Grothendieck, it depends on what you call a number. When most people think about numbers, they think of real numbers, and infinity is certainly not one of those! It's not even a complex number...

I also hesitate to call set cardinalities numbers since I don't know of any operations between them. You seem to be well educated on the subject so perahps you know of some?
Agreed, the word number has no general definition. I would think that most people think of integers though...

There are three fundamental operations on sets: Disjoint Union (corresponding to addition), Direct Product (corresponding to multiplication) and Power Set (corresponding to exponentiation.

Here's how it goes: Given two sets A and B, say that A <= B if there is an injection from A to B (or equivalently by Cantor-Bernstein, a surjection from B to A). We say that A > B if there is no such injection. We say that A=B if there is a bijection. Note that the use of = is somewhat misleading, if A=B in this sense, then they are not necessarily the same set, they are only equal in cardinality, put otherwise, they are the same cardinal number!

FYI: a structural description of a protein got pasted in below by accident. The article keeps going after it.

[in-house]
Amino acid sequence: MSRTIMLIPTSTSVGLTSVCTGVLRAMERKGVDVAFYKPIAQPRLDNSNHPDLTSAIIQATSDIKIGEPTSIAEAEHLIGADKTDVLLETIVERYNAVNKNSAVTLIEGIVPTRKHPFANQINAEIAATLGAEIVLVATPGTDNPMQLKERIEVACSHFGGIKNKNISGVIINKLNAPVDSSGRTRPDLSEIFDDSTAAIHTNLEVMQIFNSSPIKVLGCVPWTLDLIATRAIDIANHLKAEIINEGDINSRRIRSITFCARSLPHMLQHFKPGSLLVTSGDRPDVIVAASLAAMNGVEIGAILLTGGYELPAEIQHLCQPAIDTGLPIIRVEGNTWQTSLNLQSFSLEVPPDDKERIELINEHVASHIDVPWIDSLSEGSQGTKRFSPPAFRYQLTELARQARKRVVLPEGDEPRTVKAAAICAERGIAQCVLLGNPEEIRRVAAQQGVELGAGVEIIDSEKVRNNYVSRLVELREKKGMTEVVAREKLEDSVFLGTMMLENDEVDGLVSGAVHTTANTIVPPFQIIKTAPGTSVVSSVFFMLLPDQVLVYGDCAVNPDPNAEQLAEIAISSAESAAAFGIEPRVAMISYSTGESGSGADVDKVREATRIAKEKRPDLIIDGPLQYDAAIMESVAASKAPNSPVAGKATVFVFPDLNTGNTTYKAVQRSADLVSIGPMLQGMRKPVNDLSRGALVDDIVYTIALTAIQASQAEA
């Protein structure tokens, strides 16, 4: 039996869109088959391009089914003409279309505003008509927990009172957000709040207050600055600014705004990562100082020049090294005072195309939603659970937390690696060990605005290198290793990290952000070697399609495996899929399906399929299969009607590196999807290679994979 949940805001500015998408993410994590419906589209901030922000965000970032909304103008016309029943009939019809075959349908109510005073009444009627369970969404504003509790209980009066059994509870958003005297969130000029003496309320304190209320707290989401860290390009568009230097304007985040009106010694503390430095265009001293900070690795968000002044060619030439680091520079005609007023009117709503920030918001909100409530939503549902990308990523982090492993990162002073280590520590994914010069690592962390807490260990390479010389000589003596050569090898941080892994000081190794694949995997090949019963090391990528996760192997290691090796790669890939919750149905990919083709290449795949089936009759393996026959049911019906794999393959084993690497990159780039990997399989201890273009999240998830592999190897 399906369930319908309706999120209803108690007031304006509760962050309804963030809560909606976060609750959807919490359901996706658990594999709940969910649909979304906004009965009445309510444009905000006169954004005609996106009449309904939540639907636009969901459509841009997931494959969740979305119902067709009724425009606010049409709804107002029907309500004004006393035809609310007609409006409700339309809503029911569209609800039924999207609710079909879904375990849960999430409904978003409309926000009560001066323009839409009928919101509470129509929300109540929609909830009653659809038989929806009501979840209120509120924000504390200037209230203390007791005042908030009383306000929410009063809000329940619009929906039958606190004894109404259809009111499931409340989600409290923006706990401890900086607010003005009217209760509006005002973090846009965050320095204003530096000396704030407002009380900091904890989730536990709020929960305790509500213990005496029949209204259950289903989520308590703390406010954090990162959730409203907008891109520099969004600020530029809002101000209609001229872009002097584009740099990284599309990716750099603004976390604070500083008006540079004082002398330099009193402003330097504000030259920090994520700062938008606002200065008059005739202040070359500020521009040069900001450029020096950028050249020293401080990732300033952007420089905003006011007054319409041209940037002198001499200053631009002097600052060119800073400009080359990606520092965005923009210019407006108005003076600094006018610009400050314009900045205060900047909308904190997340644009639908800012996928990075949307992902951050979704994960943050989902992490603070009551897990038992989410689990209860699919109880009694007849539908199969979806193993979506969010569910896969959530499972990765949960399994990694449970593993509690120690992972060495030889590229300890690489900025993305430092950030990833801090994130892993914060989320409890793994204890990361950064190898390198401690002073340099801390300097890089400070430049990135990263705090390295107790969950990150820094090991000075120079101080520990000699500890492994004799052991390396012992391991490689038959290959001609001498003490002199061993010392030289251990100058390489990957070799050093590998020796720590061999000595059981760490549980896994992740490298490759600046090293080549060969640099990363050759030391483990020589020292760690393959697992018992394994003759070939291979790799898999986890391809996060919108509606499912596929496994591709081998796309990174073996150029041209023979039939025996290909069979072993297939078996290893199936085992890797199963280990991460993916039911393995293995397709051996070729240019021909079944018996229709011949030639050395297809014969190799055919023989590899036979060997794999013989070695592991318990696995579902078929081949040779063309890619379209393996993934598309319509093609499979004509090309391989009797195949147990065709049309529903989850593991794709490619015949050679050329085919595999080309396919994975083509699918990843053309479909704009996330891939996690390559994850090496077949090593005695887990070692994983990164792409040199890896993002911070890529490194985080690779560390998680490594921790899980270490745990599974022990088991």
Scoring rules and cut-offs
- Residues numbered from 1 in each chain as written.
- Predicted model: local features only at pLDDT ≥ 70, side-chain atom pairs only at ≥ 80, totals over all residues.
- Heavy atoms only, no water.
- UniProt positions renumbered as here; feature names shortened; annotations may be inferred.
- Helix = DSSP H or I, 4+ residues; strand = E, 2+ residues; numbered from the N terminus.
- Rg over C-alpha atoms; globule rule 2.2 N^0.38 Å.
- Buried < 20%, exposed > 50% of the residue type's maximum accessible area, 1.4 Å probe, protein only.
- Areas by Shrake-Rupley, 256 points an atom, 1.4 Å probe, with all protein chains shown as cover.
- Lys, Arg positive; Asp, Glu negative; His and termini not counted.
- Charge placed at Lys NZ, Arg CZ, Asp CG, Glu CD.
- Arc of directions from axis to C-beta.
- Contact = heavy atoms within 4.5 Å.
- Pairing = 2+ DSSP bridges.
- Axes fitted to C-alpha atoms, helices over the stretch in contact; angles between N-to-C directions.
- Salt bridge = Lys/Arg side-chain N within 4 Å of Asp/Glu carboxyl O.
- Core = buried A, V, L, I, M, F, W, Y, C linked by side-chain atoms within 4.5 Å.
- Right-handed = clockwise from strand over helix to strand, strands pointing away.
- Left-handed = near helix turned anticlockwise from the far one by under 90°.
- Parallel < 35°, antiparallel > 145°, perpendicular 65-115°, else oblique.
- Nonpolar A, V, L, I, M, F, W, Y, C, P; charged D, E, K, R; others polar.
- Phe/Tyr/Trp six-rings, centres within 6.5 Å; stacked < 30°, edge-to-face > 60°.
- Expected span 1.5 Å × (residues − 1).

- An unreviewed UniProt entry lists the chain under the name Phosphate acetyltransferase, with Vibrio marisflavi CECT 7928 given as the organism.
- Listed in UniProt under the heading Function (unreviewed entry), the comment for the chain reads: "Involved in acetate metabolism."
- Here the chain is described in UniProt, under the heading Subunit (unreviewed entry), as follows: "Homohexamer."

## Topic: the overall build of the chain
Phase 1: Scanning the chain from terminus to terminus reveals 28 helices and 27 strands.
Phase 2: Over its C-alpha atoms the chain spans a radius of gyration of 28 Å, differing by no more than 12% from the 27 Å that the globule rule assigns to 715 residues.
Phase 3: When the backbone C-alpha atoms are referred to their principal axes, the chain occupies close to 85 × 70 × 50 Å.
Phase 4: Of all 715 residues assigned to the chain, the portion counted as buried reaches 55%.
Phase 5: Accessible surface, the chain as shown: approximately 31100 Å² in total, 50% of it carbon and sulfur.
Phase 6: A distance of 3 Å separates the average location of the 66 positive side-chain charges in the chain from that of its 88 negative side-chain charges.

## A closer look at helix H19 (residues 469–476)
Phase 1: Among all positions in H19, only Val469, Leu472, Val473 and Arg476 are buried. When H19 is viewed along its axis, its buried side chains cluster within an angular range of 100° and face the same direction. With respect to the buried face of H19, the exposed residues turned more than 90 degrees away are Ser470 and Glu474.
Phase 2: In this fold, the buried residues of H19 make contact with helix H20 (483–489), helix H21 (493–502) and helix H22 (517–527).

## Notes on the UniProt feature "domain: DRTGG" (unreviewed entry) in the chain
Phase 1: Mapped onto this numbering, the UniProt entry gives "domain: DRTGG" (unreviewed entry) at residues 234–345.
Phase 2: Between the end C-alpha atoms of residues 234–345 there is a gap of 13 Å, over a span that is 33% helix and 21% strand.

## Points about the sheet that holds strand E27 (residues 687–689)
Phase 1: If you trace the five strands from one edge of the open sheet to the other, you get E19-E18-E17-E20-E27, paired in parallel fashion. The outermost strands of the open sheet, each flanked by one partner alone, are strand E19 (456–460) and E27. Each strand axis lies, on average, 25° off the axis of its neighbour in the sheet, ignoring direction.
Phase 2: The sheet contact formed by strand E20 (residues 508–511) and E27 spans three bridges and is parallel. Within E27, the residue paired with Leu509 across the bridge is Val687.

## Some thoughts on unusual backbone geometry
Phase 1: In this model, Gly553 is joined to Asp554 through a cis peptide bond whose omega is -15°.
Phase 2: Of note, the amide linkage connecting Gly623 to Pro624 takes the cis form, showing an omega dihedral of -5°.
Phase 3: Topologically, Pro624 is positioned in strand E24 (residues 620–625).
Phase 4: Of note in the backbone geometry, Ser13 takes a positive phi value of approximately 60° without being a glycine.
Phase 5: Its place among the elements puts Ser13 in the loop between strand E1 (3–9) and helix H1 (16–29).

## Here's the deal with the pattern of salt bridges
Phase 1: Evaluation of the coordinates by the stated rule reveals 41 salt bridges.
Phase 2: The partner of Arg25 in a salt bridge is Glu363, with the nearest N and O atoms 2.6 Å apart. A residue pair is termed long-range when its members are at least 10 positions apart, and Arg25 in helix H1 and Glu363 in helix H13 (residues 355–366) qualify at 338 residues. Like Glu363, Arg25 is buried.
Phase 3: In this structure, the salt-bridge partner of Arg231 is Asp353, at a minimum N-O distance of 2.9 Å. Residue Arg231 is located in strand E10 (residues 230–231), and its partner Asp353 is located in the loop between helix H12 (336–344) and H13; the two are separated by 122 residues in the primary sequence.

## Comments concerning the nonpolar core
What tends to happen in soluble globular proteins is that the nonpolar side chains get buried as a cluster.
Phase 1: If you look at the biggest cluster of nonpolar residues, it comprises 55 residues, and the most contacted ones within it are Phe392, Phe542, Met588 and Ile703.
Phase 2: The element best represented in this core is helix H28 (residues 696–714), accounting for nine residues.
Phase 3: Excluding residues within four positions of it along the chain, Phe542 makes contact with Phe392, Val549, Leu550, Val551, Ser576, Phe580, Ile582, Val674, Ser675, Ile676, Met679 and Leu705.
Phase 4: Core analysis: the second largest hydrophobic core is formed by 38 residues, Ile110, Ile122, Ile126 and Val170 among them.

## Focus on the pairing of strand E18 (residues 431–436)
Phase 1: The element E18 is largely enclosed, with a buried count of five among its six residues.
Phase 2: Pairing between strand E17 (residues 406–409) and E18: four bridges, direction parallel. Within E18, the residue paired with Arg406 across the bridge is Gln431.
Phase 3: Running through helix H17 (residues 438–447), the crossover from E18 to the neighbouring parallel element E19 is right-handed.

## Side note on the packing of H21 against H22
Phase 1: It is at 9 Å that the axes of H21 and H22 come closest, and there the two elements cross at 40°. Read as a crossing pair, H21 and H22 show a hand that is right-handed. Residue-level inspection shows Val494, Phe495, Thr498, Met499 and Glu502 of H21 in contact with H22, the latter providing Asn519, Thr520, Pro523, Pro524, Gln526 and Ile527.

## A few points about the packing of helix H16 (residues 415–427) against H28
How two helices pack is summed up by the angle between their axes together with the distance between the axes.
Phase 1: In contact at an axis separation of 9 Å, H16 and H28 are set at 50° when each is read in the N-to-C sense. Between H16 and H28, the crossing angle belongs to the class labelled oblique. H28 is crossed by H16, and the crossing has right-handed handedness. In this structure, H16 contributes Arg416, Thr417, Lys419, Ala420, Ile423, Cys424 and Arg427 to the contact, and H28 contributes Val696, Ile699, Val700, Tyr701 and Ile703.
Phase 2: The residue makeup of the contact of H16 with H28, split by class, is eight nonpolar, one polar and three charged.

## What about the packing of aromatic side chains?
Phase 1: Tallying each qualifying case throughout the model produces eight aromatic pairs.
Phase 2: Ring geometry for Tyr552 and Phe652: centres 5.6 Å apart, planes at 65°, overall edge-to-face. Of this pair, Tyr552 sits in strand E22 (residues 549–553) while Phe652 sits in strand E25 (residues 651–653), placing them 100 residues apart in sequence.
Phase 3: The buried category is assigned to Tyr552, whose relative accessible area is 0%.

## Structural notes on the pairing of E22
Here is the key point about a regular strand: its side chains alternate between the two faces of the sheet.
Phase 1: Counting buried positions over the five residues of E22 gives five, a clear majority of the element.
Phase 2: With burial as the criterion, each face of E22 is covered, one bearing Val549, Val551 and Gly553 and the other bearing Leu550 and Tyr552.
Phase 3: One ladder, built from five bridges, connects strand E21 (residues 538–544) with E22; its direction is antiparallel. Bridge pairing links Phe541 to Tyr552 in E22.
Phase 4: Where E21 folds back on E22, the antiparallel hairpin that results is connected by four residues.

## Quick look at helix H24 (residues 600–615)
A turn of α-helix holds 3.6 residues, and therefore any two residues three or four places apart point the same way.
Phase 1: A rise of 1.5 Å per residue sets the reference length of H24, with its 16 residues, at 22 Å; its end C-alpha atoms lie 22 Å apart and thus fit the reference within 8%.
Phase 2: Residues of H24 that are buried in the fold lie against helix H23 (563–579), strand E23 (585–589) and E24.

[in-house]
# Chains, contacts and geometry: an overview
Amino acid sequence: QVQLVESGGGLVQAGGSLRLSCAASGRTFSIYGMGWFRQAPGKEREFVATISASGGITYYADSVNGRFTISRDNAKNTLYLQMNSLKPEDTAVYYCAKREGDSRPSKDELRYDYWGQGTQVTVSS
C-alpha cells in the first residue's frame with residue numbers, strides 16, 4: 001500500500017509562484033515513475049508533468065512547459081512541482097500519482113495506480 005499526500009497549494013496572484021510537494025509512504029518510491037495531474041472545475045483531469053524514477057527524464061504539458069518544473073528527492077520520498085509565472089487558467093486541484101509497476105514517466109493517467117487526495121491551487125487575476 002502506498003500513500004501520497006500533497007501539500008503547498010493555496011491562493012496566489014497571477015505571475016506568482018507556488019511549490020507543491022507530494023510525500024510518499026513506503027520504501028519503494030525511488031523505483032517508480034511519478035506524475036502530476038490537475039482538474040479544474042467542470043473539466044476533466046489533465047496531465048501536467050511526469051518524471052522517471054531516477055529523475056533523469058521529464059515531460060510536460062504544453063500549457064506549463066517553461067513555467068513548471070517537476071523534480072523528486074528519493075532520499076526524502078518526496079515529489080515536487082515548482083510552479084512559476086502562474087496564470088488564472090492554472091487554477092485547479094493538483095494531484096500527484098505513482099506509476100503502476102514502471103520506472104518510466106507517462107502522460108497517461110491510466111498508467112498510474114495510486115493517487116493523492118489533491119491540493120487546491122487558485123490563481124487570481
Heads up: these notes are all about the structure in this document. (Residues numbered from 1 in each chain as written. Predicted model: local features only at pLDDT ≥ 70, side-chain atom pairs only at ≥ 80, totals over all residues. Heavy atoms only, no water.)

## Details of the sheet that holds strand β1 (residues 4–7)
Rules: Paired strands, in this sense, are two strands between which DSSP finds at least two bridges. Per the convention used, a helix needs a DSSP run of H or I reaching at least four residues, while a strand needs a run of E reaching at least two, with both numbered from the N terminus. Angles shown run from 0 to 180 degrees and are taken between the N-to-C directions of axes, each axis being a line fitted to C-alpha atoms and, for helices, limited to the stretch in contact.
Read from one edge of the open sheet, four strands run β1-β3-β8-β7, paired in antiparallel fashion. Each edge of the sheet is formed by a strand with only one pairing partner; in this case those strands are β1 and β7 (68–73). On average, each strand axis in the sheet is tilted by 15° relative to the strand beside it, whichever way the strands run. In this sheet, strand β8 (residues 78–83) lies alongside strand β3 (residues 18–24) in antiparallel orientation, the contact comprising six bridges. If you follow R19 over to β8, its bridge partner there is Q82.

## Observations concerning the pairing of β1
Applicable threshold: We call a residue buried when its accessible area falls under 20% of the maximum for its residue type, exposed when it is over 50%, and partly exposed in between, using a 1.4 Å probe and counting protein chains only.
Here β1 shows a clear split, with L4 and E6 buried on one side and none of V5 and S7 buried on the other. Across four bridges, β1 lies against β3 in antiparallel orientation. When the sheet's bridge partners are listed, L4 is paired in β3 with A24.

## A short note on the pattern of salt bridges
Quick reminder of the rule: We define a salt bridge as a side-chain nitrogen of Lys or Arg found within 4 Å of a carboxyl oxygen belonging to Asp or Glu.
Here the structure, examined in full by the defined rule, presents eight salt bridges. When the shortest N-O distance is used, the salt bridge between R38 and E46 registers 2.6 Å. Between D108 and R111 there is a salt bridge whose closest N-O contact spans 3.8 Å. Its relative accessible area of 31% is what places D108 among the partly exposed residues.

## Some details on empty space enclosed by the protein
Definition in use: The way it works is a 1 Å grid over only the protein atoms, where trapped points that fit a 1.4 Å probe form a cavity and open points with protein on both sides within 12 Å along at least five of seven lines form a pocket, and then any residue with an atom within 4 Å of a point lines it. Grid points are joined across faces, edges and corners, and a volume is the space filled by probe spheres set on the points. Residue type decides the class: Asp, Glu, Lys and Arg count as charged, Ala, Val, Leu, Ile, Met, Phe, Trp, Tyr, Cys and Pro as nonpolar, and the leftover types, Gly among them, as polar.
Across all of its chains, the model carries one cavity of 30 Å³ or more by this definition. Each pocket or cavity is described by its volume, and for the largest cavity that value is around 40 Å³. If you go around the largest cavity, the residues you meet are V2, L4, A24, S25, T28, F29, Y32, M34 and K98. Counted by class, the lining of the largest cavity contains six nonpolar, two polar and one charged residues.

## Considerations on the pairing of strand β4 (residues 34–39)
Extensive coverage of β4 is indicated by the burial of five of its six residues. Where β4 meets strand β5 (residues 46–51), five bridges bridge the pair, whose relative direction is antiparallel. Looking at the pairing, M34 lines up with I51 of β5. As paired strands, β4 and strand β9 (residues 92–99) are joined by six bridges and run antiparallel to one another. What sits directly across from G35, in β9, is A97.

The number A+B is simply the (disjoint) union of A and B. The number AB is the product of A and B, and A^B is formally defined as the set of functions from B to A. In particular, 2^B is the set of functions from B to a two-element set, and we can identify 2^B with the set of subsets of B (check this!).

Now we can represent any positive integer n by a set with n elements (e.g. 0 is the empty set), and arithmetic with positive integers is part of the above mentioned cardinal arithmetic.

Now for some fun:

if A is infinite, and B is any set, then A+B=max(A,B). For example, if A is infinite and B is finite, then A+B=A.

We always have A<2^A by an adaption of Cantors diagonal trick.

0 times A is always 0.

What you can see is that we don't get a group or ring, but we do get some operations.

Here's some food for thought: Given an infinite set A, is there a set B such that A < B < 2^A (with strict inequalities?). The continuum hypothesis says that for A=(all natural numbers) there is no such set B. By the way, we can prove that 2^A = (all real numbers). For general infinite A, this is what is called the generalized continuum hypothesis (GCH). It turns out that this question is independent of the usual set theoretical axioms we use to construct mathematics.